[BB] “Dan Harrington recommends betting about half the pot,2, with a range from 40% to 70% of the pot. This gives most draws the wrong price to call, which betting less wouldn’t accomplish. If you find opponents folding even to your smaller c-bets, you can try reducing them to a quarter of the pot on dry flops. Betting much more would work but means that you need to pick up the pot more frequently to make them profitable. If you find opponents calling even your larger c-bets, you need to make them bigger or simply stop making them against the calling stations.”

[BB] “The fewer players that see the flop, the more often you should c-bet, even 100% of the time heads-up if they’re working. As you know, the flop hits a single hand about two-thirds of the time. With more opponents, someone’s much more likely to call because they hit something:”3

Opponents Odds Nobody Hit the Flop
1 65%
2 41%
3 26%
4 16%
5 9%
6 5%
7 3%
8 1%
9 1%

[BB] “The drier the flop, especially Ace-less rainbows, the more often you should c-bet. At higher skill levels, this just means you’ll get played back at more often, but for beginners and intermediates, this is a good rule of thumb. Paired boards, which are less likely to hit anyone, are good for c-bets. If people start calling or raising you, drop your weaker hands from your c-betting range.”

[BB] “And I probably don’t even need to add that you should c-bet more often in position than out.”

[BB] “As with semi-bluffs, an added advantage of c-bets is that you broaden the range of hands that you bet on the flop, gaining more calls from your value bets. Does that all make sense?”

[JJ] “Sure. When I raise preflop, get one call, and an unraised flop is checked to me or I’m first to act, I should bet most of the time regardless of whether I hit the flop or not”, Joey the Juvenile confirmed. “I see, I bet. Couldn’t be simpler.”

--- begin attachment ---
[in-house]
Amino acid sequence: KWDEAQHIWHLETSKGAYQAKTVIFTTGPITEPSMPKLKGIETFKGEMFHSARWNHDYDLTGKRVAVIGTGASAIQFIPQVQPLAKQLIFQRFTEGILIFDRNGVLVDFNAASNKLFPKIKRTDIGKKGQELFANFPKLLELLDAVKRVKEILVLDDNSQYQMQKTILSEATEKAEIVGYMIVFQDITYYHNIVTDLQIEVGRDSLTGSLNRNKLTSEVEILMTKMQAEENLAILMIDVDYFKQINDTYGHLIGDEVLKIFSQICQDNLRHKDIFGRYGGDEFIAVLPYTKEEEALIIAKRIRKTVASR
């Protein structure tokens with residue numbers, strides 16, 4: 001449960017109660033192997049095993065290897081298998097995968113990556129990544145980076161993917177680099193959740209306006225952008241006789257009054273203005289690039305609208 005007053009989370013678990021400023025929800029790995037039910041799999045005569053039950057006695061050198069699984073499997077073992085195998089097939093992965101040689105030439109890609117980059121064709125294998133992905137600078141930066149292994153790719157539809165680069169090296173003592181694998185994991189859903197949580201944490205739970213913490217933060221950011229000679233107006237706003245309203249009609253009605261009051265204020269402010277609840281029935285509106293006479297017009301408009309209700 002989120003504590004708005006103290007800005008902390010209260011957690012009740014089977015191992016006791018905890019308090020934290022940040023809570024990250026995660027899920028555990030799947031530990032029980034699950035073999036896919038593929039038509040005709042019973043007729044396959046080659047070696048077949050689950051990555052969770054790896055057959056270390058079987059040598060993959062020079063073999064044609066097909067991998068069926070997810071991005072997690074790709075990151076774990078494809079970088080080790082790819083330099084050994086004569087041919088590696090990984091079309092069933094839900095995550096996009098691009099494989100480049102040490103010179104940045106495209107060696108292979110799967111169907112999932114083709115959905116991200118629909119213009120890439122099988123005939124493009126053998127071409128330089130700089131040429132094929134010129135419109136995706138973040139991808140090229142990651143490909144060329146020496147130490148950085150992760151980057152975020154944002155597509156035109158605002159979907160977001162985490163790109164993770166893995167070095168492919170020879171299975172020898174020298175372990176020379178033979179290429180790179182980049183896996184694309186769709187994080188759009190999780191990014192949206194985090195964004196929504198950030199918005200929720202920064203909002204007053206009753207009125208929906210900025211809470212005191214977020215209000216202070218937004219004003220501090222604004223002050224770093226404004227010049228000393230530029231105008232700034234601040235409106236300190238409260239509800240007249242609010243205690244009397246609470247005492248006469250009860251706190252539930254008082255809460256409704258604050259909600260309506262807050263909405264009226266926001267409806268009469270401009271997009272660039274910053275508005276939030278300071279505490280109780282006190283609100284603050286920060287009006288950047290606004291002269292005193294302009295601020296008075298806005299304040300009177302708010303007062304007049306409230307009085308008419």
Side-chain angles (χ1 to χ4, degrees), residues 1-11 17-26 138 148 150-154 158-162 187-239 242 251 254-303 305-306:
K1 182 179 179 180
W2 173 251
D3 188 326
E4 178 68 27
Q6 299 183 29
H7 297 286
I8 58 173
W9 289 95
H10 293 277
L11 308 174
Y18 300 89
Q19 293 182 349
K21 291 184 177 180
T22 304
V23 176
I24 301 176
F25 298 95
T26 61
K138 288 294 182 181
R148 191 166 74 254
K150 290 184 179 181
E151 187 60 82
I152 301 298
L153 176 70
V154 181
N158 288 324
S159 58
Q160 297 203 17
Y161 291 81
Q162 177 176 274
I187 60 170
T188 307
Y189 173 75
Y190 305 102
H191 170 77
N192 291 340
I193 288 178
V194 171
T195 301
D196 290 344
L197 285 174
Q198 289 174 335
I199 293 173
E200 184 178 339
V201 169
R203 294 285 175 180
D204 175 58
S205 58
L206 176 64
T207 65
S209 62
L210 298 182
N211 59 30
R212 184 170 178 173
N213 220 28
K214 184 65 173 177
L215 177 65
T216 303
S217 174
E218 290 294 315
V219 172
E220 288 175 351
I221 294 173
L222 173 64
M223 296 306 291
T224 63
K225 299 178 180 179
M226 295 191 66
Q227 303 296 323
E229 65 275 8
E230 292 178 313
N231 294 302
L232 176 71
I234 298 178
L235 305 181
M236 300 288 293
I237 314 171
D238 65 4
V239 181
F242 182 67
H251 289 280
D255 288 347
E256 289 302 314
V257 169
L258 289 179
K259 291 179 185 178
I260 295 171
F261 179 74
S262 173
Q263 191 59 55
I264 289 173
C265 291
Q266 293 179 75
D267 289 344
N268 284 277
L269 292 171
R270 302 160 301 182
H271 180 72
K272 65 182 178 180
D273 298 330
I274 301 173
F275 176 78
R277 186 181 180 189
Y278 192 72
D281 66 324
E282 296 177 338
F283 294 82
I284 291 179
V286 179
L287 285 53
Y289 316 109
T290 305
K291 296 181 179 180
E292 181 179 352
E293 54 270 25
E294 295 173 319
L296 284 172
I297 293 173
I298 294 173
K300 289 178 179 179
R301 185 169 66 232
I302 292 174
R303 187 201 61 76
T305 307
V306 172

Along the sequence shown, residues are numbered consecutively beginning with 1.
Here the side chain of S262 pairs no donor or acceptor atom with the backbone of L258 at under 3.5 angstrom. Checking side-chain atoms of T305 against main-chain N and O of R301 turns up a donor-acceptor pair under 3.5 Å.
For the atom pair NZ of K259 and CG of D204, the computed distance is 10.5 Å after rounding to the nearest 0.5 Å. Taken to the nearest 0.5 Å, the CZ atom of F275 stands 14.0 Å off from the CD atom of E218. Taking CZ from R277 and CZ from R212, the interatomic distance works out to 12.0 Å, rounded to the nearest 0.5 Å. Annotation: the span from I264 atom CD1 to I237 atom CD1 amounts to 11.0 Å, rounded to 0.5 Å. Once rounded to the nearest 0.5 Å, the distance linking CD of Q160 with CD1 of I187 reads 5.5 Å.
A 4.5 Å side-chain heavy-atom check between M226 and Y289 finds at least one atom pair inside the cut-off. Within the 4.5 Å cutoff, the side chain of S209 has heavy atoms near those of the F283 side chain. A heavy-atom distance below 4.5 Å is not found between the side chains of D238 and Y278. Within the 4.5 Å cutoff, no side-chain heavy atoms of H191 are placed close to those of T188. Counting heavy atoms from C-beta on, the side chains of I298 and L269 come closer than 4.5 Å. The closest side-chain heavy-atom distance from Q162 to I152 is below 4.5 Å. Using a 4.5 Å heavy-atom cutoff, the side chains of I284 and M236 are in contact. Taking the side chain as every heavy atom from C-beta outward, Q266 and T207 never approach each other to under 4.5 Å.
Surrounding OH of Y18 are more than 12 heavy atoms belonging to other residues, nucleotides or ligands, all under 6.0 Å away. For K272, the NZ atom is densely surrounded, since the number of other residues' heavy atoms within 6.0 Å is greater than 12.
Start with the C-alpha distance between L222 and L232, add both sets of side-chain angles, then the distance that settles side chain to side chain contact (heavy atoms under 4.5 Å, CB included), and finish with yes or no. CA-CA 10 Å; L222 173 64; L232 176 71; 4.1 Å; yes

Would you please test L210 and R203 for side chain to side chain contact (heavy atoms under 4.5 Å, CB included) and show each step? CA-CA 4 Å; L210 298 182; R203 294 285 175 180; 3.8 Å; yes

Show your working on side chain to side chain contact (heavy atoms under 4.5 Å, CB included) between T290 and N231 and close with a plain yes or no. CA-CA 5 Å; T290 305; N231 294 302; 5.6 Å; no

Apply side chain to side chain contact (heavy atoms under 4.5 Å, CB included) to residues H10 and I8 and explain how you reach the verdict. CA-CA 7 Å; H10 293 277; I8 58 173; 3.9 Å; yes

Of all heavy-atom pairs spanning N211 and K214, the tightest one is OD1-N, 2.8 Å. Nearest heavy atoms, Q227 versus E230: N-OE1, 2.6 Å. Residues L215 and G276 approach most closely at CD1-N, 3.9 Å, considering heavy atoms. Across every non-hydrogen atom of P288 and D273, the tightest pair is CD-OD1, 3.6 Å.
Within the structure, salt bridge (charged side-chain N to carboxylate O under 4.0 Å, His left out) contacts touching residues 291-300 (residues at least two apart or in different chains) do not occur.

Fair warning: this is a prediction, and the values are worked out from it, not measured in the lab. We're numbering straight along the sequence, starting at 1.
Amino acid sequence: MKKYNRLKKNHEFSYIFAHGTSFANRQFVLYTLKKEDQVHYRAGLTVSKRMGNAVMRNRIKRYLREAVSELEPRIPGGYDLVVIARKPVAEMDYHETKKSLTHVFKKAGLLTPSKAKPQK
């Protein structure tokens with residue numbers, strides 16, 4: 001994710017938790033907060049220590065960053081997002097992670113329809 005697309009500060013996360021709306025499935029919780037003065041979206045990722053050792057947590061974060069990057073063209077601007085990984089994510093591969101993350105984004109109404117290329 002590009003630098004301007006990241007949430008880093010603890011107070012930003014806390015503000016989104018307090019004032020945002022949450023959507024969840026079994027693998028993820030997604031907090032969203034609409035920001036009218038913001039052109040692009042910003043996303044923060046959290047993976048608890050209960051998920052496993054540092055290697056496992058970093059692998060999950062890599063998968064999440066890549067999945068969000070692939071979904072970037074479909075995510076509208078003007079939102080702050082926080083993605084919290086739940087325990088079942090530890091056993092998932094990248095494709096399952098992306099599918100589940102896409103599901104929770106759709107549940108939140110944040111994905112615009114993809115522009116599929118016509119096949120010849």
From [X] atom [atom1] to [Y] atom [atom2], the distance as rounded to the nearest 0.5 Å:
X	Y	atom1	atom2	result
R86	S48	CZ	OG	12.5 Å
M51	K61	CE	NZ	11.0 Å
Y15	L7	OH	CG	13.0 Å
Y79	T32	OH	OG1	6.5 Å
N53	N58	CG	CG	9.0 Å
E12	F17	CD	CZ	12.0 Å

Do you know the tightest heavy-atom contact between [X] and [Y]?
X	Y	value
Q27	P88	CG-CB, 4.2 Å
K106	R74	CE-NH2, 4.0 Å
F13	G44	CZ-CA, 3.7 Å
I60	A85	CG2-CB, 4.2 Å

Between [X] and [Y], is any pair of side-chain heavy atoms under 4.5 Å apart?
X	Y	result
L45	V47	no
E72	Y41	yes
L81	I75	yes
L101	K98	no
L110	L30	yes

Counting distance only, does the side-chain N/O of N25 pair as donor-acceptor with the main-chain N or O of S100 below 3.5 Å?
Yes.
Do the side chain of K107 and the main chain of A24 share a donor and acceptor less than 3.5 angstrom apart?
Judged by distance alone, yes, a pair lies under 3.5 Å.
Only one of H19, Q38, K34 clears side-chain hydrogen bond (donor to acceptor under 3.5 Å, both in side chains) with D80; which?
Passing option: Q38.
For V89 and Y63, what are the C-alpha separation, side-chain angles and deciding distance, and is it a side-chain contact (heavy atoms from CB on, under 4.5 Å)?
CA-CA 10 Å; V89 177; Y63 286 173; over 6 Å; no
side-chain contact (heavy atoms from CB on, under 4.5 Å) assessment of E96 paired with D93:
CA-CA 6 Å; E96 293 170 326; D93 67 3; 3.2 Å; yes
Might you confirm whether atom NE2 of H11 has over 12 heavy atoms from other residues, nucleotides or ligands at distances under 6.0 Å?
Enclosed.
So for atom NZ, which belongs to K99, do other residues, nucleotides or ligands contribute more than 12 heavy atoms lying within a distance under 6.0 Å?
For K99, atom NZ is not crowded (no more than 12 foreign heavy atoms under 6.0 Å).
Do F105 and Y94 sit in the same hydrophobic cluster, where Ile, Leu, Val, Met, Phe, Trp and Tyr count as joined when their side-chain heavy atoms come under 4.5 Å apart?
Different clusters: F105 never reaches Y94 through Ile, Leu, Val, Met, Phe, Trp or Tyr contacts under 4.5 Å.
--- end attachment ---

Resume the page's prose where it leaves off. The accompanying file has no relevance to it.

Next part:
[BB] “There are also turn continuation bets, which are risky but useful when you detect that your opponent is calling your c-bets light. And there are even river continuation bets, but you’re nowhere near ready to learn how to use those, and I’m not good enough yet to teach you them anyway. In any case, what you really need next is a lesson on folding!”

Footnotes:

  1. Also spelled ‘cbet’.
  2. Harrington on Hold ’em, Volume I: Strategic Play, page 279.
  3. Chart adapted from Tony Guerrera’s Killer Poker by the Numbers, page 2. Guerrera works out the math that under some reasonable assumptions of calling rates, it’s very profitable to c-bet against a single opponent, barely profitable against two, and definitely unprofitable against three or more.
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Semi-Bluffing

[BB] After a brief respite, Benny the Book has returned with another Hold ‘Em lesson for his son. “You, along with every other poker player, love to get away with a bluff. You win a pot that you shouldn’t have won. Maybe you flash your hole cards to show off what you just did (bad idea, by the way, unless you don’t plan to bluff again for a while).”

[BB] “But before you learn the art of the bluff, you should arm yourself with the safer flop and turn semi-bluff.”

[BB] “A seminar isn’t half a ‘nar’;1 a Seminole2 isn’t half a ‘Nole’; but a semi-bluff is exactly what it sounds like, half of a bluff. It’s partly a bluff because you don’t currently have the best hand but are hoping to win the pot by causing your opponents to fold. But it’s partly not a bluff because of your chance of improving to a better hand than your opponents.”

[BB] “The full range goes from total bluff (no pot equity) to mostly bluff to semi-bluff (up to 50% pot equity) to value bet (over 50% pot equity).”

[JJ] “What’s the distinction between a bluff and a semi-bluff?” Joey the Juvenile interrupted.

[BB] “The line between bluff and semi-bluff isn’t officially defined, but let’s say that a bet with anything less than 5 outs (e.g., an inside straight draw) is more bluff than semi-bluff. It’s not actually that important except to know that along the continuum you’re relying on fold equity more on the left and less on the right.”

[BB] “It’s also impossible to know where semi-bluffs end and value bets begin until you’ve seen all the hole cards. But none of us can read our opponents hands well enough that it matters whether you have 49% pot equity or 51%; as long as you know it’s closer to 50% than 20% or 80%, you’re doing great.”